This is important because you don't want to spend Accord levels of cash to explore a maybe project, but might be convinced to spent the smaller sum of Toyota Yaris money (sorry, no Honda was cheap enough to compare). Hopefully we'll have that compromise soon, which should allow us to present what we have to the contractor for a quote (my brother), while working towards the full plan to satisfy the city.

That's where we stand at the moment. We've been working on this since Summer. There have been no delays at any point in this project, even a single day of hmmm, let me think about it. Full speed ahead. Will it happen? I believe it will. I give it a 75% chance at this point. If it doesn't happen, it won't be because of acquiring funds or planning, it will be because, a) It became way, way too expensive and we decided not to, or b) someone important along the way didn't want to cooperate at a critical juncture. There is also the unlikely. "C" involves "outside influences," like a serious economic crisis or the collapse of the game trade. We'll just call "C," other.

The goal is to seat 120 people, legally, with the blessing of the fire marshal, and to extend our lease another 5-7 years. As painful as it sounds, it's probably still a lot easier than opening another game store.

Damn. The first rule of a second game store:
  1. Don't talk about the second game store.

Saturday, March 8, 2014

Game Store Resources (Tradecraft)

What You Need

 If you're starting a game store, I think you should seek out resources from four areas:
  • Specific Game Trade Resources
  • General Retailing Resources
  • Business Plan Resources
  • Ongoing Support
Specific Game Trade Resources
There are two books you should read before doing anything else. The first is an older book, and harder to get, but it's the foundation of many successful game trade retailers. 

A Specialty Retailers Handbook: Games and Comics, by Dave and Kelli Wallace. There are some core chapters in this book that will save your business, especially the ones on negotiating your lease and the perils of discounting. The book isn't online, but you can get it by calling The Fantasy Shop at 636-947-8646 or If you get a chance to see Dave Wallace present at a trade show, schedule your trip around him.

The second book was recently published by Lloyd Brown and is called Game Retailer Guide. It's a comprehensive guide to running a store with over 300 pages of information. Nobody needs to write another general game trade book now that Lloyd has written this monster. Get this book. Get the Dave Wallace book too, because Wallace goes into a lot of important detail you don't want to miss.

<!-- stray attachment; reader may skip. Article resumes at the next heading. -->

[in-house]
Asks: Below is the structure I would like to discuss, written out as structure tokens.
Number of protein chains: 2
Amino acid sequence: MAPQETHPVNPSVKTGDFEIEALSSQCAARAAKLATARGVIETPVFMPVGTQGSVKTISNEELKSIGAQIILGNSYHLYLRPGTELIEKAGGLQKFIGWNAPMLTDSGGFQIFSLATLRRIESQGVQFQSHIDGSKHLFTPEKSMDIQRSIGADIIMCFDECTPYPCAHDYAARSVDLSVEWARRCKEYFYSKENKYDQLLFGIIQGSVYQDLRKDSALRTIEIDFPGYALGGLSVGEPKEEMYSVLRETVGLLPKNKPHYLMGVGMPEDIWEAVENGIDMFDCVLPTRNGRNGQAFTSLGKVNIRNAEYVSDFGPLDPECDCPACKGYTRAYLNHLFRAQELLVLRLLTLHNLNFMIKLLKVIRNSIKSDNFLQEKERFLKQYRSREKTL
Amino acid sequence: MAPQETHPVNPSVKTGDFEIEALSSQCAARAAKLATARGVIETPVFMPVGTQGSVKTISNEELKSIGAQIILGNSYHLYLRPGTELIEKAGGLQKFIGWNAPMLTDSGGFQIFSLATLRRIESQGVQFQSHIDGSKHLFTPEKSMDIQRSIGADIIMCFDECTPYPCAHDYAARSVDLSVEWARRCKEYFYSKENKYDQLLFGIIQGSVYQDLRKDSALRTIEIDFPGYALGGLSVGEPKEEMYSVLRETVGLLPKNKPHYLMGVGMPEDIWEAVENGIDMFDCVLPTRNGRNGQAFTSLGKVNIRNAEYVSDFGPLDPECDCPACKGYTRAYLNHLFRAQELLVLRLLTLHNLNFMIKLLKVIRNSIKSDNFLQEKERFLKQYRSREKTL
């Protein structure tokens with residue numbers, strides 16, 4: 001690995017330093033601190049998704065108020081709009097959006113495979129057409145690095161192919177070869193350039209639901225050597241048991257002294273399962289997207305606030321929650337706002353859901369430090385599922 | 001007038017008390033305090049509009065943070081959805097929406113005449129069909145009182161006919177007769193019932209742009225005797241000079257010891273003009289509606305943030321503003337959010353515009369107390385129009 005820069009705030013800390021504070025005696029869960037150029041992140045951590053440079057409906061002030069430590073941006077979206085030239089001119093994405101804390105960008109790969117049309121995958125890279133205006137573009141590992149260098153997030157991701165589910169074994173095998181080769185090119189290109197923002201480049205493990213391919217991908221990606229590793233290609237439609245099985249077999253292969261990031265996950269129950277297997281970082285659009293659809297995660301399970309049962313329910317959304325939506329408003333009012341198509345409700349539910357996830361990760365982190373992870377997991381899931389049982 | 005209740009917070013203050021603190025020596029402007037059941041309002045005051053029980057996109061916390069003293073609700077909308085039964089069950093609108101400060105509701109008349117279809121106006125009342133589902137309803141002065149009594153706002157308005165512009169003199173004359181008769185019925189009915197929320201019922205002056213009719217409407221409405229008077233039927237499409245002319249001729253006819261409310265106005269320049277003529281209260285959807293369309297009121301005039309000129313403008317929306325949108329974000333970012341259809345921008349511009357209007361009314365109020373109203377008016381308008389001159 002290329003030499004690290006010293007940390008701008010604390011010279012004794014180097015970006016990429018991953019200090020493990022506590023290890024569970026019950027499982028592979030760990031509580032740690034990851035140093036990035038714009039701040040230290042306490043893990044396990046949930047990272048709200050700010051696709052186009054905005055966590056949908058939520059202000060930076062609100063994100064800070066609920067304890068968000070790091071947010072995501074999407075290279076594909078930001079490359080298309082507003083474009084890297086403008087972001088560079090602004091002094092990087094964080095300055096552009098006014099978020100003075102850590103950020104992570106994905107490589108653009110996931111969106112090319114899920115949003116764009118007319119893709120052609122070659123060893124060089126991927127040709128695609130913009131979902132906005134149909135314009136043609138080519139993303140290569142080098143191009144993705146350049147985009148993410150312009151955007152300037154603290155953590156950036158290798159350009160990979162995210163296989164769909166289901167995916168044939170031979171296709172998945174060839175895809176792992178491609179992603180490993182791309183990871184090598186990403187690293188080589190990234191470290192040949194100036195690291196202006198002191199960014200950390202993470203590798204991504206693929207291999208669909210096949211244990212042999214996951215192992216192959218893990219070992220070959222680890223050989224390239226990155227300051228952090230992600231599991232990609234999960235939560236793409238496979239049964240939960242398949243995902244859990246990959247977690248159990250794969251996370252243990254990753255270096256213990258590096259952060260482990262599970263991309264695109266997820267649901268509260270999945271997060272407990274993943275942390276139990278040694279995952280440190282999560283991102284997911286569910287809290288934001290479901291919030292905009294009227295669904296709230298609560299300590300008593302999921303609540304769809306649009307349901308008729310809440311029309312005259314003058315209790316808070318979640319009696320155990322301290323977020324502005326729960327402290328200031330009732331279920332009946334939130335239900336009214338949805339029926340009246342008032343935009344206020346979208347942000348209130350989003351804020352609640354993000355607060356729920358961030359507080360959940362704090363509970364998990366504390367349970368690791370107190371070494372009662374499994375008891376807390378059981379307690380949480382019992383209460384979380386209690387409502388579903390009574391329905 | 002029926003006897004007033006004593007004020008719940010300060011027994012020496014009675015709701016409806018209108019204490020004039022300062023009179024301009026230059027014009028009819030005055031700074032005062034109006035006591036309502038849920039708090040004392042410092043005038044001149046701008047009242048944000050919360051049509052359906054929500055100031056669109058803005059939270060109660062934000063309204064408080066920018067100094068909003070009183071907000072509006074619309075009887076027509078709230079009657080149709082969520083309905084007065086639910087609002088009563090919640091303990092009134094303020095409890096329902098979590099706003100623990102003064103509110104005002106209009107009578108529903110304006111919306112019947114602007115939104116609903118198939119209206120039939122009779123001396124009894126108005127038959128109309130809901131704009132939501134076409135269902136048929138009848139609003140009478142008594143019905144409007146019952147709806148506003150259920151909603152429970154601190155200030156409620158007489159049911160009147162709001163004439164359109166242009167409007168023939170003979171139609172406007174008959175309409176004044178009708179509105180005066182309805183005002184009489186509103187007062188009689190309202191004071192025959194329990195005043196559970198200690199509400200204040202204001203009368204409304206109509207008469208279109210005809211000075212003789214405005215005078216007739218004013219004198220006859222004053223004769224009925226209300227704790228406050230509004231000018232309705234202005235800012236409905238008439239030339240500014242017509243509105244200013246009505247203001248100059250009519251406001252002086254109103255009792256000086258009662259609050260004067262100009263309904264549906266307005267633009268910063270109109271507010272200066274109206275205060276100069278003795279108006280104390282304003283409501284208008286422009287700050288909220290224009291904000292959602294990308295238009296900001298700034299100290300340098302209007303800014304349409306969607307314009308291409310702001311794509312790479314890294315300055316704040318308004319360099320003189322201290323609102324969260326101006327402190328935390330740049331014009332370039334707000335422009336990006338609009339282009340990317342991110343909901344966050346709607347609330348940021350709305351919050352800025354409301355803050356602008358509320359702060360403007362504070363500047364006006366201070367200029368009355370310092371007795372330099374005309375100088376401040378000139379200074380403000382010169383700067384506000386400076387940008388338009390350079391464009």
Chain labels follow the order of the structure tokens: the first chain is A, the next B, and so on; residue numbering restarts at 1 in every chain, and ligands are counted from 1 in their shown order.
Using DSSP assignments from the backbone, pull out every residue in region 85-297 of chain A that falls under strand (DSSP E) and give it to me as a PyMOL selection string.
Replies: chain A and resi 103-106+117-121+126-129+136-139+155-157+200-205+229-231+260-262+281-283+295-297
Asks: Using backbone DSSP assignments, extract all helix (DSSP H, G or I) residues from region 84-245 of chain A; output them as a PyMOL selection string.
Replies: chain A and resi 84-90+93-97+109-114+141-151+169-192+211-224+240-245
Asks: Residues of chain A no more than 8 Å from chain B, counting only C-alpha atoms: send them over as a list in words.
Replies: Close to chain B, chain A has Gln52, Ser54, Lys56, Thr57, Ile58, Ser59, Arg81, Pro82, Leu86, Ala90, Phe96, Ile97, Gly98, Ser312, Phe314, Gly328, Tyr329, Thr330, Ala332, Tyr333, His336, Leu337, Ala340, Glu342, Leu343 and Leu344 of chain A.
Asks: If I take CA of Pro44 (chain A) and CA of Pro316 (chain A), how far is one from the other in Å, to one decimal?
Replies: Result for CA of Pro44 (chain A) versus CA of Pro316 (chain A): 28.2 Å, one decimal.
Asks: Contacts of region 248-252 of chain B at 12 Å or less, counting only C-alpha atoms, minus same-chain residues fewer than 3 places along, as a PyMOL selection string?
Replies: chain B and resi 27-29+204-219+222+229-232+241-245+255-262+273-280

Behind the Counter: Read these articles by Marcus King, who has been in retail for over 20 years. I've been to several of his seminars at GTS and you want to listen to what he says. He's the most tenacious retailer I've ever met and all his accolades are hard earned. 

Read This Blog: There's a lot of it, and I think you'll get the best value by working your way backwards. That's because you can see my mistakes after I make them instead of before. "Wow, I really think toys is a great way to diversify my destination store!"will come after, "God, I'm so glad all those toys are moved out now." You have 1,465 posts to wade through over seven years. You don't get to see the monumental flailing in my first three years of business, so don't get discouraged when you flail.

Starlit Citadel: More good business posts. I honestly don't read a lot of blogs, but I take the time to read this one when there's a business related post.

Deadly Fredly: Fred Hicks of Evil Hat has a business blog from the publishing side. This will absolutely help you understand the scope and feel of the game trade. He posts numbers and makes assumptions, something I like to do.

Finally, there is a plethora of game trade wisdom out there from those who keep their mouths shut. Seek out and find them.

General Retailing Resources

You should read business books, especially about retailing. The game trade can give you tunnel vision and you are primarily a retailer now, a small business owner, not just a game store owner. Read far and wide. 

Why We Buy, by Paco Underhill is your guidebook on store layout and customer experience. Read this book. Read it again. Buy a copy for every employee or your spouse. Why We Buy uses research to understand how people shop, and as a store owner, you need to listen carefully. It talks about things like the decompression zone (the transition zone in your store), what direction people in Western cultures turn to when they enter the store, traffic flow, how to avoid the "butt brush syndrome," proper lighting and cleanliness. If you buy only one general retailing book, buy this one.